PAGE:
Underlying Aesthetic (Dis)Order

Looking at the image generators in the History Of Computing section of
the Science Museum I was struck by how un-artistic the regular
patterns and well defined forms of harmonic analysers and geometric
pens now look. Their artisticness has gone the way of the string
Concorde’s. That regular, predictable structure would once have been
the underlying aesthetic of an ordered world. Now you need something
messier to look like a competent reflection of the (dis)order of

This changed worldview is what is reflected in generativity’s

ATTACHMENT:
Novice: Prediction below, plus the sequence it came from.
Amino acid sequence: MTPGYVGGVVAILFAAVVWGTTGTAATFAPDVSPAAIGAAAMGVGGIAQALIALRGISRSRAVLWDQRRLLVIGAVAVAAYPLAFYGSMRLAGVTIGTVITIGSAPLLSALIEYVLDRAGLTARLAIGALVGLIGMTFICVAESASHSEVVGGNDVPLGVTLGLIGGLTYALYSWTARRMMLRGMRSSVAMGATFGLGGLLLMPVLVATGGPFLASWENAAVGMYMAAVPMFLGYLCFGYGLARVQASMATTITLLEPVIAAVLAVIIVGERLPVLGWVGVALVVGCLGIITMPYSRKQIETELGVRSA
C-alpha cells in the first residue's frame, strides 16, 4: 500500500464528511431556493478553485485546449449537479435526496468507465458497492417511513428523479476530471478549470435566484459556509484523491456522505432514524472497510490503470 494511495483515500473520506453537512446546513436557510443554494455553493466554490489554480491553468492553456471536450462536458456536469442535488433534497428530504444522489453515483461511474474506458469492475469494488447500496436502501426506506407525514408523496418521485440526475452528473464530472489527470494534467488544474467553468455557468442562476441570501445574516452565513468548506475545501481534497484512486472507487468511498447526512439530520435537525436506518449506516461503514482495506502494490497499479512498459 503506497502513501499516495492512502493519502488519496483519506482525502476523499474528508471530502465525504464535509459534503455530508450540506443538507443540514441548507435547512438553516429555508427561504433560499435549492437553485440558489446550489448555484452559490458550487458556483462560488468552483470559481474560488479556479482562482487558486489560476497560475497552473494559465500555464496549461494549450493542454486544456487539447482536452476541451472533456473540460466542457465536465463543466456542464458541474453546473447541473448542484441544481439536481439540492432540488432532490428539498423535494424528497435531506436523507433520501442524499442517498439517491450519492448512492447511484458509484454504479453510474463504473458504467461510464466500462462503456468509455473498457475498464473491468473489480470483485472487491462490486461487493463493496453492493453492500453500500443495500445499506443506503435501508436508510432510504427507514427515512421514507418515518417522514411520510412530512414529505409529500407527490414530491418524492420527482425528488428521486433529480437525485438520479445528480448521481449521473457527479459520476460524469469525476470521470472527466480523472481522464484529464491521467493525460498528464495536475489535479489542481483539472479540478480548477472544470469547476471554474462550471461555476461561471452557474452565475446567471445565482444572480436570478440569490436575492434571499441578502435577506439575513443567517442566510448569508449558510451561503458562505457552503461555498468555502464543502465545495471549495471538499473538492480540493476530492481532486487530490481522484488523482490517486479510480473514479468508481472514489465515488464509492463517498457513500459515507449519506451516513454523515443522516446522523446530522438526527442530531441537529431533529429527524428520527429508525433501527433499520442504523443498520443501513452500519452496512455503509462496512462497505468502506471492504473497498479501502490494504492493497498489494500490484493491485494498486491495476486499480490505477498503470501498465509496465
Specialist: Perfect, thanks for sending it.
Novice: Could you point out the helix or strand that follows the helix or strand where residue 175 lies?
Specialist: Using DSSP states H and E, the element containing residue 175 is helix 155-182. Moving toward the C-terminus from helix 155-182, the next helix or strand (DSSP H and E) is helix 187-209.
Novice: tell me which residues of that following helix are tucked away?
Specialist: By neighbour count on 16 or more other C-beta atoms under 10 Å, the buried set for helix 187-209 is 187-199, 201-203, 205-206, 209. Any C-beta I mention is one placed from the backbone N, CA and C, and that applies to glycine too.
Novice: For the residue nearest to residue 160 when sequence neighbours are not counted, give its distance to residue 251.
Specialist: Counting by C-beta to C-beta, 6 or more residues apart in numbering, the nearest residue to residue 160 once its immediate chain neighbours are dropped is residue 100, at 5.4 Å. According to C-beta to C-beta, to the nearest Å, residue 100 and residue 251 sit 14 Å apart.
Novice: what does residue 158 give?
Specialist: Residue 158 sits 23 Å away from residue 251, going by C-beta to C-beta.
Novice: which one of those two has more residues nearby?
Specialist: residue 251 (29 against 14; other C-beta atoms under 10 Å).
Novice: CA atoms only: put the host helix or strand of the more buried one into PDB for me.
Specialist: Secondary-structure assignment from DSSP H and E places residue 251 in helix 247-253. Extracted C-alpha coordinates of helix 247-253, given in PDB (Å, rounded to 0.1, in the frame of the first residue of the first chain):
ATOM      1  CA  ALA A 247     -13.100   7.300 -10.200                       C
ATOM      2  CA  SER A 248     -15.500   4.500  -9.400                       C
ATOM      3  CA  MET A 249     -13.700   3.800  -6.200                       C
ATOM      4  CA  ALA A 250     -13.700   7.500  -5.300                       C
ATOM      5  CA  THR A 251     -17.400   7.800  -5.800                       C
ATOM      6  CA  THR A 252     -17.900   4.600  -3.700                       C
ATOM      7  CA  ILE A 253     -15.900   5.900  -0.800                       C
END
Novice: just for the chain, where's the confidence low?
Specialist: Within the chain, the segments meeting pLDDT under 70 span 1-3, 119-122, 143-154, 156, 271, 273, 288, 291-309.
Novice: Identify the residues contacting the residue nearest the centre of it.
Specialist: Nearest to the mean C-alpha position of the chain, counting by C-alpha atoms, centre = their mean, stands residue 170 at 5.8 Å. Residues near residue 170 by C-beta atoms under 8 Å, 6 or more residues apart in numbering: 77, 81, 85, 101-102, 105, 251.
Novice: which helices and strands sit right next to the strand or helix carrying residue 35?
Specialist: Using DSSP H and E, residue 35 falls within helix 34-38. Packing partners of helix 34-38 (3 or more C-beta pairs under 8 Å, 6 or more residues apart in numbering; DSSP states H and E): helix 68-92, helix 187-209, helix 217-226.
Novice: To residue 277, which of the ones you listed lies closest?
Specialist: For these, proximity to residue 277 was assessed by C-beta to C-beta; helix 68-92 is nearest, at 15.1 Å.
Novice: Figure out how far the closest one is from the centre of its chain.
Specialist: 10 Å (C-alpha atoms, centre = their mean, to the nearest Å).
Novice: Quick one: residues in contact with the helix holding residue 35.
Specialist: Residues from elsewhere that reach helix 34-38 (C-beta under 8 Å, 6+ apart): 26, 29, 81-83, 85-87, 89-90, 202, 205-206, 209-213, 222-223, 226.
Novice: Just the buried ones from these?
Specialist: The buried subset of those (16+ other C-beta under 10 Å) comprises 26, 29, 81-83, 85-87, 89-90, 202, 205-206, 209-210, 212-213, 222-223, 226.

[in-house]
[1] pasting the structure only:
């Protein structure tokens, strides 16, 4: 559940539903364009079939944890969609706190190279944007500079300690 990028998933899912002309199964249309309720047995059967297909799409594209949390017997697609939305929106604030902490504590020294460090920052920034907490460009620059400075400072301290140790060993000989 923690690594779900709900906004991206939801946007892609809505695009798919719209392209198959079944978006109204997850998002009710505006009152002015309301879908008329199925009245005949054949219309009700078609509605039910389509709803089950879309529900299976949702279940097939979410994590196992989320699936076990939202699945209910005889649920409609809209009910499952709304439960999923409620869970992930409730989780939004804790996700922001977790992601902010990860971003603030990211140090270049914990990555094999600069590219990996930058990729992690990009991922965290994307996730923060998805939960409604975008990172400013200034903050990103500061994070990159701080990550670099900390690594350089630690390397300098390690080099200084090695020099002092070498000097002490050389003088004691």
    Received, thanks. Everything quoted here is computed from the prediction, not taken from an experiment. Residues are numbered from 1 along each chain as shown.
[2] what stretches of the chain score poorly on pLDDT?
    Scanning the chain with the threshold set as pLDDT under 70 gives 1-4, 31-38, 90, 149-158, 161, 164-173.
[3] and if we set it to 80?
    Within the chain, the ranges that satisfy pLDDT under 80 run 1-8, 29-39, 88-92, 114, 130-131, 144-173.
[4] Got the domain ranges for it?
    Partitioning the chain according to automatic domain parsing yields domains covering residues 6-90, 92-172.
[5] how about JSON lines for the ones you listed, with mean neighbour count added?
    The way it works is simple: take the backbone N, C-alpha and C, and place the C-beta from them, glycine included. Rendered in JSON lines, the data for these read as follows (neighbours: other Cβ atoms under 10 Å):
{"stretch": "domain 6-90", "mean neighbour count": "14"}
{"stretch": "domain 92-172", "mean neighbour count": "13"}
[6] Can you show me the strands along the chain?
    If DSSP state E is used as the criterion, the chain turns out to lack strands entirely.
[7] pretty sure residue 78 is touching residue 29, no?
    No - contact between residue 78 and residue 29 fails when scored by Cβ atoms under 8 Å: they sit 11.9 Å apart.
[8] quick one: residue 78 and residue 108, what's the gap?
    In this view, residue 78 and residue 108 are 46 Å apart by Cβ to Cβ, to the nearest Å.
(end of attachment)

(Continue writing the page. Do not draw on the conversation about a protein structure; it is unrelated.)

obsession with randomness. Randomness is a way of choosing things as
surely as linear progression is, but it is a way that now seems more
naturalistic. Randomness is generativity’s perspective: if you’re
going to do it a different way you’re departing from the norm.

But randomness is a mid-20th-century reflection, one that very soon
may look as mannered as the output of a “Spirograph”. It was a
reaction to a set of social conditions that have not held for some
time. And imposing order on randmoness, finding patterns in the noise,
is a connoseurish and distracting activity to impose on the
viewer. More contemporary choice and noise functions are needed, ones
that give the viewer something more interesting to see and to do.